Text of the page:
Here’s something I didn’t plan on. Fifteen minutes before I was supposed to speak to a third-grade class about blogging, my daycare called. A last-minute emergency. I had no choice but to bring my touchy-feely toddler along to the session – which I’d spent hours preparing for.

Well, shiznit, I thought. This is going to be a disaster.

During my brief talk, he tossed their board games onto the floor, scattering dice and cards everywhere. And my presentation? SMASH! SMASH! SMASH! Eager hands slammed on the spacebar, fast-forwarding to the last slide. The class laughed hysterically.

My lesson on blogging – starring my son – was a big hit!

Sometimes an unplanned activity or event can go well, but that’s not a risk you want to take when it comes to your company’s blog. Without an intended focus and content strategy, your blog posts will sound flaky and irrelevant, which could chip away at your brand’s credibility.

When I spoke to the kids about blogging, I put them into small groups and then asked them to go through these five steps (with examples) to plan out a blog post:

plan_blog_new

While this might seem like child’s play, these five simple steps are applicable to anyone thinking of embarking on a more serious blogging venture. Here’s how these simplified steps translate into real blog-planning ideas:

1) What is your blog about?

This question hints at content strategy. What themes will your blog focus on?

2) What could you write a blog post about?

Here’s where planning comes in – brainstorm a topic that fits into your blog’s central themes.

3) Think of three important words or ideas you should talk about in your post.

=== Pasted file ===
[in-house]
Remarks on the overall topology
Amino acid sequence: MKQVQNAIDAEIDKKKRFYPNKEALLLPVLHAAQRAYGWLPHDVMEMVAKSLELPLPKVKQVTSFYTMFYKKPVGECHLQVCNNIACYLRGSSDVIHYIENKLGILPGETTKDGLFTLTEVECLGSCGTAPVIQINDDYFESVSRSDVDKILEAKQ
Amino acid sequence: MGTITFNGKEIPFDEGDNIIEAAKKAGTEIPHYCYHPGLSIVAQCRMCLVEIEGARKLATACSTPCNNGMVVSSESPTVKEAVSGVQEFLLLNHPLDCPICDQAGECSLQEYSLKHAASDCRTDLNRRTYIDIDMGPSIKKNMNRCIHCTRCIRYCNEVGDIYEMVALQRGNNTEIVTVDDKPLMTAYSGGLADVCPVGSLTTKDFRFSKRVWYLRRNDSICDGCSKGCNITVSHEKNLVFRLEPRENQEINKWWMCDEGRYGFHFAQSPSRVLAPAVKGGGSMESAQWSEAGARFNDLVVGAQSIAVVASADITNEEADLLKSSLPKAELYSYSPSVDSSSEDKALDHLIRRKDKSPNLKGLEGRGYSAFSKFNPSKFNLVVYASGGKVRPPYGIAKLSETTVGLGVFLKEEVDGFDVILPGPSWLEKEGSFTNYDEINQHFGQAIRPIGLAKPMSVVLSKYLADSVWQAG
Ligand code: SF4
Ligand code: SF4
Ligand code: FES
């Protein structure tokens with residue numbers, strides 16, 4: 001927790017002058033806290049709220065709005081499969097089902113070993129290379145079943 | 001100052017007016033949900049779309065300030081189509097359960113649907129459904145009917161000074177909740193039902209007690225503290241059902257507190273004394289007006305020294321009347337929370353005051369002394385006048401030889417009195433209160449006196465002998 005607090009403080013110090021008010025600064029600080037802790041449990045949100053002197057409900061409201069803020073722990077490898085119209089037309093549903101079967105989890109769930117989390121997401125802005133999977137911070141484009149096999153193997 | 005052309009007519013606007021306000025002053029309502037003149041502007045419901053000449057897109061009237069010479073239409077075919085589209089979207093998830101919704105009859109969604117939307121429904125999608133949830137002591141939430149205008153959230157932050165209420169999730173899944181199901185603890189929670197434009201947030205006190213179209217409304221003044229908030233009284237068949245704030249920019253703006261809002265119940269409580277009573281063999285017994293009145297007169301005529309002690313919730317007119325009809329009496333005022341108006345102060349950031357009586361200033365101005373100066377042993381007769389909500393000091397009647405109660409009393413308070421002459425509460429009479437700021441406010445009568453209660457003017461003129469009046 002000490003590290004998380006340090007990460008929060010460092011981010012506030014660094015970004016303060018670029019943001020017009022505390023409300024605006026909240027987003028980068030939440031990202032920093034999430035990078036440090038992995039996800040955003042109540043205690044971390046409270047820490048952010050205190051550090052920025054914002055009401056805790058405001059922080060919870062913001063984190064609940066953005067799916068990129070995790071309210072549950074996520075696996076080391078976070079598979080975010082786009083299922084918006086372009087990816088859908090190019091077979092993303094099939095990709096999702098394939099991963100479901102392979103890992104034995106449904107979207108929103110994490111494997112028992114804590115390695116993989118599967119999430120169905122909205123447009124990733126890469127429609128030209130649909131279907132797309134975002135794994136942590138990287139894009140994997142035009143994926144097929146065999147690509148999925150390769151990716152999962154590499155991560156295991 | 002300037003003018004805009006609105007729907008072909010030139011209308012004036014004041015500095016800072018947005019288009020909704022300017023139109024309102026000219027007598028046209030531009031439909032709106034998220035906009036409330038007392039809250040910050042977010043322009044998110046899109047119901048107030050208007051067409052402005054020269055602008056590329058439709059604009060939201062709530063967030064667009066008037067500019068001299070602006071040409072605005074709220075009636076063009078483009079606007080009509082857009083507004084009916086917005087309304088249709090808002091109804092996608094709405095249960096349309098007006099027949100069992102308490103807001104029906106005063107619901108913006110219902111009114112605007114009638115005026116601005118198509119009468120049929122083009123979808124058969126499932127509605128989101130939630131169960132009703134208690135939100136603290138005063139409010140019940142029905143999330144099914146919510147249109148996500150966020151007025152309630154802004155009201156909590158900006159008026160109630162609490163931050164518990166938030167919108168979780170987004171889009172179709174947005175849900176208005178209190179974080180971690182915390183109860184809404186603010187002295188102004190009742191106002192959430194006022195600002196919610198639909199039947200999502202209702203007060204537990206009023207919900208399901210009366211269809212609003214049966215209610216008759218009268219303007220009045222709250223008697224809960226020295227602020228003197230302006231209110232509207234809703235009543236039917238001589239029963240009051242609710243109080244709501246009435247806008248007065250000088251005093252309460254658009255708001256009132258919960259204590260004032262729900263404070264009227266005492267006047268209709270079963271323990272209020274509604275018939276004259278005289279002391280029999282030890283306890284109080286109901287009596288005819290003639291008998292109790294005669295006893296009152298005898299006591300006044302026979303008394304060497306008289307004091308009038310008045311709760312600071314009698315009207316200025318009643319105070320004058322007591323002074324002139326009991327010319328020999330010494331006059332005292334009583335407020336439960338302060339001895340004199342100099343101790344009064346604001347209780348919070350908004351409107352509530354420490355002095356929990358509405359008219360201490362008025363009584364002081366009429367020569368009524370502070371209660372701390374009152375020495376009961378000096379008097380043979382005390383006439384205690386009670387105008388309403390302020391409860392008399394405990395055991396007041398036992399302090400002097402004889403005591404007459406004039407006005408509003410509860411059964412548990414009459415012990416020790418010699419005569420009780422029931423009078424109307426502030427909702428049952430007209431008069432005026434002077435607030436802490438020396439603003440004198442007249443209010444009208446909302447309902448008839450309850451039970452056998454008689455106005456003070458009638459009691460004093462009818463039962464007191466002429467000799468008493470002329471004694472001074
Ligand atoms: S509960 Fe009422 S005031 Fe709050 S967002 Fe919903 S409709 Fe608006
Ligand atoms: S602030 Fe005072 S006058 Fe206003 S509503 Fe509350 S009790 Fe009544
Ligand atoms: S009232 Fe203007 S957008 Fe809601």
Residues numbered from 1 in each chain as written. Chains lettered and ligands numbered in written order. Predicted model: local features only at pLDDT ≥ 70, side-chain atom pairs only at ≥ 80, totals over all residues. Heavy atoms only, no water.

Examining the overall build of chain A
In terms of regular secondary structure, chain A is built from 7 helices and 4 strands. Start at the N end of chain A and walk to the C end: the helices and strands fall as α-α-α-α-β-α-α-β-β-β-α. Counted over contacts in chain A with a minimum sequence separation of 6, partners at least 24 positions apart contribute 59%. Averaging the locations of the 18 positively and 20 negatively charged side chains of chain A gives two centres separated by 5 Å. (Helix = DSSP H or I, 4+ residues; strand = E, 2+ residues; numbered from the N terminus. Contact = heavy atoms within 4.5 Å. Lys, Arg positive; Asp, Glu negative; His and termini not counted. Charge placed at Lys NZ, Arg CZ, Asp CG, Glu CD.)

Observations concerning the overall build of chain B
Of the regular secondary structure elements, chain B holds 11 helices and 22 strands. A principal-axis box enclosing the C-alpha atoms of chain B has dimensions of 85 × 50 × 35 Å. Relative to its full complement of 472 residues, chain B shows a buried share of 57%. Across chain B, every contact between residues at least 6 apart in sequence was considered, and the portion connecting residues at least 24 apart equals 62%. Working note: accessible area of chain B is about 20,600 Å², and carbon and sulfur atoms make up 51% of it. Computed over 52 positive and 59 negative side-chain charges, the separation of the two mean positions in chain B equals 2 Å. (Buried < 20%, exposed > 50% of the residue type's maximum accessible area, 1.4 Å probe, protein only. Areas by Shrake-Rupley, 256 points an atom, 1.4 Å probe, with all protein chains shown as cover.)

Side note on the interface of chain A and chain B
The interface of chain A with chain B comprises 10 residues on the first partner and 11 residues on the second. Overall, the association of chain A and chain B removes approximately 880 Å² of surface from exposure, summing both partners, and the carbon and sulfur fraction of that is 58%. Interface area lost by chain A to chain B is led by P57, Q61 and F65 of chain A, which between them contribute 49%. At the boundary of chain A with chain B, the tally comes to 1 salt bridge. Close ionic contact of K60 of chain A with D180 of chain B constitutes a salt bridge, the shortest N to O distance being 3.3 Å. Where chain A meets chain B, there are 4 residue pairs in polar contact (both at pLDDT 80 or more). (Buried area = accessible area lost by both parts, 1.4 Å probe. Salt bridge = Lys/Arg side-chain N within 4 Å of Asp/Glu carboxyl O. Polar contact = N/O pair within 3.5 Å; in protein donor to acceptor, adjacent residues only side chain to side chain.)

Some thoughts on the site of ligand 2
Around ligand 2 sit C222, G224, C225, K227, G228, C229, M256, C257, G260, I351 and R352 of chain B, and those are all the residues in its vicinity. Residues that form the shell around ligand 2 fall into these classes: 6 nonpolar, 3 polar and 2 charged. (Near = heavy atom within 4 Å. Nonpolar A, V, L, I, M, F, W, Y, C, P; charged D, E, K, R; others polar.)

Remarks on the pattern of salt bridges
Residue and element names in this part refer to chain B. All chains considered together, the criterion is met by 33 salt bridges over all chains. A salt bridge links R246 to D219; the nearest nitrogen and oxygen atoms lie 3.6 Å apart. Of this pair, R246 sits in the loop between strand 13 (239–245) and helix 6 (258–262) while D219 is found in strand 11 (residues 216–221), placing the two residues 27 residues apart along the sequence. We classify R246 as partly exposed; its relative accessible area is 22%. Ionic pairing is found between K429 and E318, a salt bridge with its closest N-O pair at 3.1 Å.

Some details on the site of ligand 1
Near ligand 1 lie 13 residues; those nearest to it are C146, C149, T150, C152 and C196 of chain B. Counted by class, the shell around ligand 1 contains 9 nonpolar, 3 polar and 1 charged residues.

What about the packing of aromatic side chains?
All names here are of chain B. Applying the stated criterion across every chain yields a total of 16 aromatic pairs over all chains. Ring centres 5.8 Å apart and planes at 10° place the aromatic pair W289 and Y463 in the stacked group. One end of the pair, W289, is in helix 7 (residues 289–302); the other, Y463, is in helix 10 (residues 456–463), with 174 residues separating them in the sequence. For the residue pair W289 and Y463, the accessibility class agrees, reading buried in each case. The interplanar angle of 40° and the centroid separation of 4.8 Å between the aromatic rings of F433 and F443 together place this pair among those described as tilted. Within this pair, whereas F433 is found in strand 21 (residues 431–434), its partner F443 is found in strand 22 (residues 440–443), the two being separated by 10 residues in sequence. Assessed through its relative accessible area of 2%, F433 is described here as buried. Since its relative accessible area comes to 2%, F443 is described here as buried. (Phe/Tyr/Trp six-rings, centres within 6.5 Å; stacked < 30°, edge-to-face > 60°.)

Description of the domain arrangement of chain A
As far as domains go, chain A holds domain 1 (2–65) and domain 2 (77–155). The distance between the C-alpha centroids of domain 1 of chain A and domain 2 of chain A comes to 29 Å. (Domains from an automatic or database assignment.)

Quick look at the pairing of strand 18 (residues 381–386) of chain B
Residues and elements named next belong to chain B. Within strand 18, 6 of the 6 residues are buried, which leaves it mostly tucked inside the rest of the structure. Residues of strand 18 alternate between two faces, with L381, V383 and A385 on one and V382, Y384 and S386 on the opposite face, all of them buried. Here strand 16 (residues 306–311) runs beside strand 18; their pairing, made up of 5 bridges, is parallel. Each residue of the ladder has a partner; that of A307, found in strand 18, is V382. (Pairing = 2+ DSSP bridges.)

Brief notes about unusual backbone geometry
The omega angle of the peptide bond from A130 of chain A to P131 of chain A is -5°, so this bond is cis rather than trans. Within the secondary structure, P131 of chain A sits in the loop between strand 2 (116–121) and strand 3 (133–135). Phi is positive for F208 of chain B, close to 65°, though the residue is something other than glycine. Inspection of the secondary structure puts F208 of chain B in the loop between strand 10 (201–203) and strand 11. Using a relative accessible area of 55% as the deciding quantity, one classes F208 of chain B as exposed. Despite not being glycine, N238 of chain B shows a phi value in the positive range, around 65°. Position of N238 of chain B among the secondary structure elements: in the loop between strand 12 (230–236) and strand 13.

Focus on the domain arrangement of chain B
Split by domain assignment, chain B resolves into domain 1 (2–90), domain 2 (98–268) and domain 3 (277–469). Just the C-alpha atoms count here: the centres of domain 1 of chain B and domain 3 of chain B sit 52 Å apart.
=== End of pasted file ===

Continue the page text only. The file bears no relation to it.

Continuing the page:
Pro tip: make a rough outline of your post and list the key takeaways.

4) Describe a picture you could use that matches the topic of your blog post.

Pictures help grab attention – as a matter of fact, articles with images get a whopping 94% more total views than those without. Essentially, when you’re planning your visuals, you’re also thinking strategically about your post’s engagement.

5) What date or time of year might be a good time to publish your post?

And then there’s the editorial calendar. When is the best time to publish a post so that it gets the best possible reach and engagement?

Now back to the class presentation – here’s an actual response from one group of nine-year-olds. Looks like they came up with a rather compelling and click-worthy headline for their target audience, don’t you think?

5 reasons why homework sucks!

Children's blog ideas


Wait a sec! Before you head out, how about some writing tips for that next blog post you’re planning? Learn the art of simplicity in your writing in KISSing while you work.